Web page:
The principle of surgical repair entails the use of prosthetic mesh to repair large defects in order to minimize tension on the repair. A tension free repair has a lesser chance of hernia recurrence. Traditionally, the old scar is incised and removed, and the entire length of the incision inspected. Generally, there are multiple hernia defects other than the one(s) discovered by physical examination. The area requiring coverage is usually large and requires much surgical dissection. A prosthetic mesh is used to cover the defect(s), and the wound closed. This is a major surgical procedure and often complicated. Infection rates following repair may be as high a 7.0%. Recurrence can be up to 5%, or higher, depending on the patient’s preoperative risk factors. While the use of prosthetic mesh has decreased the number of recurrences, it has also been implicated in increased infection rates, adhesion or scar formation of the abdominal contents to the anterior abdominal wall leading to intestinal obstruction and fistula formation. However, overall, recovery is usually excellent and patients return to normal activity within a matter of weeks.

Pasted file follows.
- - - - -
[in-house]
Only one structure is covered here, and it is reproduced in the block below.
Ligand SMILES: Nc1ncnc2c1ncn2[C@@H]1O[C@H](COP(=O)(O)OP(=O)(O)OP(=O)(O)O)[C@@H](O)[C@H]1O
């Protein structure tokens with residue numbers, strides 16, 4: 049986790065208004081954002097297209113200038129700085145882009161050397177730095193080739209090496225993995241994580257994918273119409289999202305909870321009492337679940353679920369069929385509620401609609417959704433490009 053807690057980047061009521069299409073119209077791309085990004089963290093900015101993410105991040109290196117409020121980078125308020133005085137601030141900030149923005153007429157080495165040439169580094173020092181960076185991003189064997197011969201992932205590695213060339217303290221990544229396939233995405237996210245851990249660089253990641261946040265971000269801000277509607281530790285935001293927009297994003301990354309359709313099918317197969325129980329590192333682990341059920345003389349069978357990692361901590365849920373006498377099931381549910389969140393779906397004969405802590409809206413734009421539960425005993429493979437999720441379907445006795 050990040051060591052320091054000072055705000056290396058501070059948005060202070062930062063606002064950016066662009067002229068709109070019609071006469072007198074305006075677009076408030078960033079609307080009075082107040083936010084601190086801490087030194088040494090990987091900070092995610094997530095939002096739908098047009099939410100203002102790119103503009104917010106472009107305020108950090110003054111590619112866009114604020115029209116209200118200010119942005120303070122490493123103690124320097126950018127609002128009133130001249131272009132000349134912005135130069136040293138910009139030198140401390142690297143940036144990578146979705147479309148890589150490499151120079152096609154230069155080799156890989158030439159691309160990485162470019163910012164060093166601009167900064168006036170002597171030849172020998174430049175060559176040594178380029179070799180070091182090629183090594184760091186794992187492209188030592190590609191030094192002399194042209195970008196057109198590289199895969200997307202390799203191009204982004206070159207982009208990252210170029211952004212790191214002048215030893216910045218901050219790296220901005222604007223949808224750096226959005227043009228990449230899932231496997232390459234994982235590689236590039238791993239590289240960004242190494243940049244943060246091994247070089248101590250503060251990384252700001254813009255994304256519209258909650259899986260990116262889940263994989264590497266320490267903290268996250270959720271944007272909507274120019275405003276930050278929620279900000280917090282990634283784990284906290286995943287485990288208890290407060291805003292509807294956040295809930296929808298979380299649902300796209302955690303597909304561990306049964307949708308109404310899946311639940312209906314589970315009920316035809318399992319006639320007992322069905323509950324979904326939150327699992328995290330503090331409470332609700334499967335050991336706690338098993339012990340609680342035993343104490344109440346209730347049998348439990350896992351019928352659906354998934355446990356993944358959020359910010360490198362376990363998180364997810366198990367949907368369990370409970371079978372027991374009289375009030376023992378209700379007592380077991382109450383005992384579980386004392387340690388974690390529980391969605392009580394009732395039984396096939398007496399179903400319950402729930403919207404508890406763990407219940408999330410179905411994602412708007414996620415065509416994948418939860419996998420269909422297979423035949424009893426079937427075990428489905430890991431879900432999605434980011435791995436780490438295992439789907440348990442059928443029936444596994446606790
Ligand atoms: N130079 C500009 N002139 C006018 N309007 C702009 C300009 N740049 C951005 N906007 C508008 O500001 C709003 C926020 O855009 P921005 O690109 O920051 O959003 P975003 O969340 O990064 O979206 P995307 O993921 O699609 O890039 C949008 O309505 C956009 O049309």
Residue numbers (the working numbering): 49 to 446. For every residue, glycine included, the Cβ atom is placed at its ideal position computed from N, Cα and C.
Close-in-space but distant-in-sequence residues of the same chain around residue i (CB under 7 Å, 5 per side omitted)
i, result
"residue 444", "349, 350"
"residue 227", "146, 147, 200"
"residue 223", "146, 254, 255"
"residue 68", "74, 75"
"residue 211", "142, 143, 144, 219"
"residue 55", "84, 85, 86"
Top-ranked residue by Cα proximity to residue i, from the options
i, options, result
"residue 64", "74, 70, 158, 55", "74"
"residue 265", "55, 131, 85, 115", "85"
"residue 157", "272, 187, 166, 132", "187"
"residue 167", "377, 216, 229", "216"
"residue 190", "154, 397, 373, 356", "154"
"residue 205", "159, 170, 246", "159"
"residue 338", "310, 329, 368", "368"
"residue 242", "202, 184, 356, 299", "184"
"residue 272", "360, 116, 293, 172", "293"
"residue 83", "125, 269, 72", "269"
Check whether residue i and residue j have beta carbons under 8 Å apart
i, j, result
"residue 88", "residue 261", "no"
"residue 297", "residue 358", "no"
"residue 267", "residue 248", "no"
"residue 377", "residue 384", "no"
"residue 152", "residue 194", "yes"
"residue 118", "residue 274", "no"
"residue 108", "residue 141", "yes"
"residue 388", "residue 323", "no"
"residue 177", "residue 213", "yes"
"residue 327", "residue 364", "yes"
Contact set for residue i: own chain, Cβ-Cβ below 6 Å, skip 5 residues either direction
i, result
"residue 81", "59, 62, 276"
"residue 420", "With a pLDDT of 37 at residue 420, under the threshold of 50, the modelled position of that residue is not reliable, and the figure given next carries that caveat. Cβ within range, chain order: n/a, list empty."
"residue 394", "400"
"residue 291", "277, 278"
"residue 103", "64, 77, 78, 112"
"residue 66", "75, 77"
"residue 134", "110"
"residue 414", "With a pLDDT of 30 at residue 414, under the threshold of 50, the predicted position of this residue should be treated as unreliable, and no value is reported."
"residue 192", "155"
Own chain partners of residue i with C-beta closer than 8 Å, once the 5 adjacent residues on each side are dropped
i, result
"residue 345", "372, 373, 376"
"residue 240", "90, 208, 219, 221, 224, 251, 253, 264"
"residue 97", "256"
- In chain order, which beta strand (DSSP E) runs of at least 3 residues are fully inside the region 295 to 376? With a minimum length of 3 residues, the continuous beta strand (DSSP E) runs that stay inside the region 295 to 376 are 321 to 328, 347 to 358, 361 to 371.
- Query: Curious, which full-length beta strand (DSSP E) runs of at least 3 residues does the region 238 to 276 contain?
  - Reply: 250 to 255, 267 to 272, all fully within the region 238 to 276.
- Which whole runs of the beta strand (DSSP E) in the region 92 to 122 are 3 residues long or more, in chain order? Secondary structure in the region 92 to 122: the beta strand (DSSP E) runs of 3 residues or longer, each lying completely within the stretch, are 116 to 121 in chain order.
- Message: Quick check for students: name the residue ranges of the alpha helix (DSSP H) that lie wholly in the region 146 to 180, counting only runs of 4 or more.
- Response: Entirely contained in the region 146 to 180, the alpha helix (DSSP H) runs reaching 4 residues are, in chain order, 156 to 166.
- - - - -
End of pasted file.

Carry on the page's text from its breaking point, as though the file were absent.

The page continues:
The laparoscopic repair of ventral hernias was designed to minimize operative trauma to the patient. As mentioned, these are often complicated repairs requiring large incisions and extensive tissue dissection. The principles governing a laparoscopic ventral hernia repair are based on those of open Stoppa ventral hernia repair. A large piece of prosthetic mesh is placed under the hernia defect with a wide margin of mesh outside the defect (see figure). The mesh is anchored in to place with eight full thickness sutures and secured to the anterior abdominal wall with a varying number of tacs, placed laparoscopically.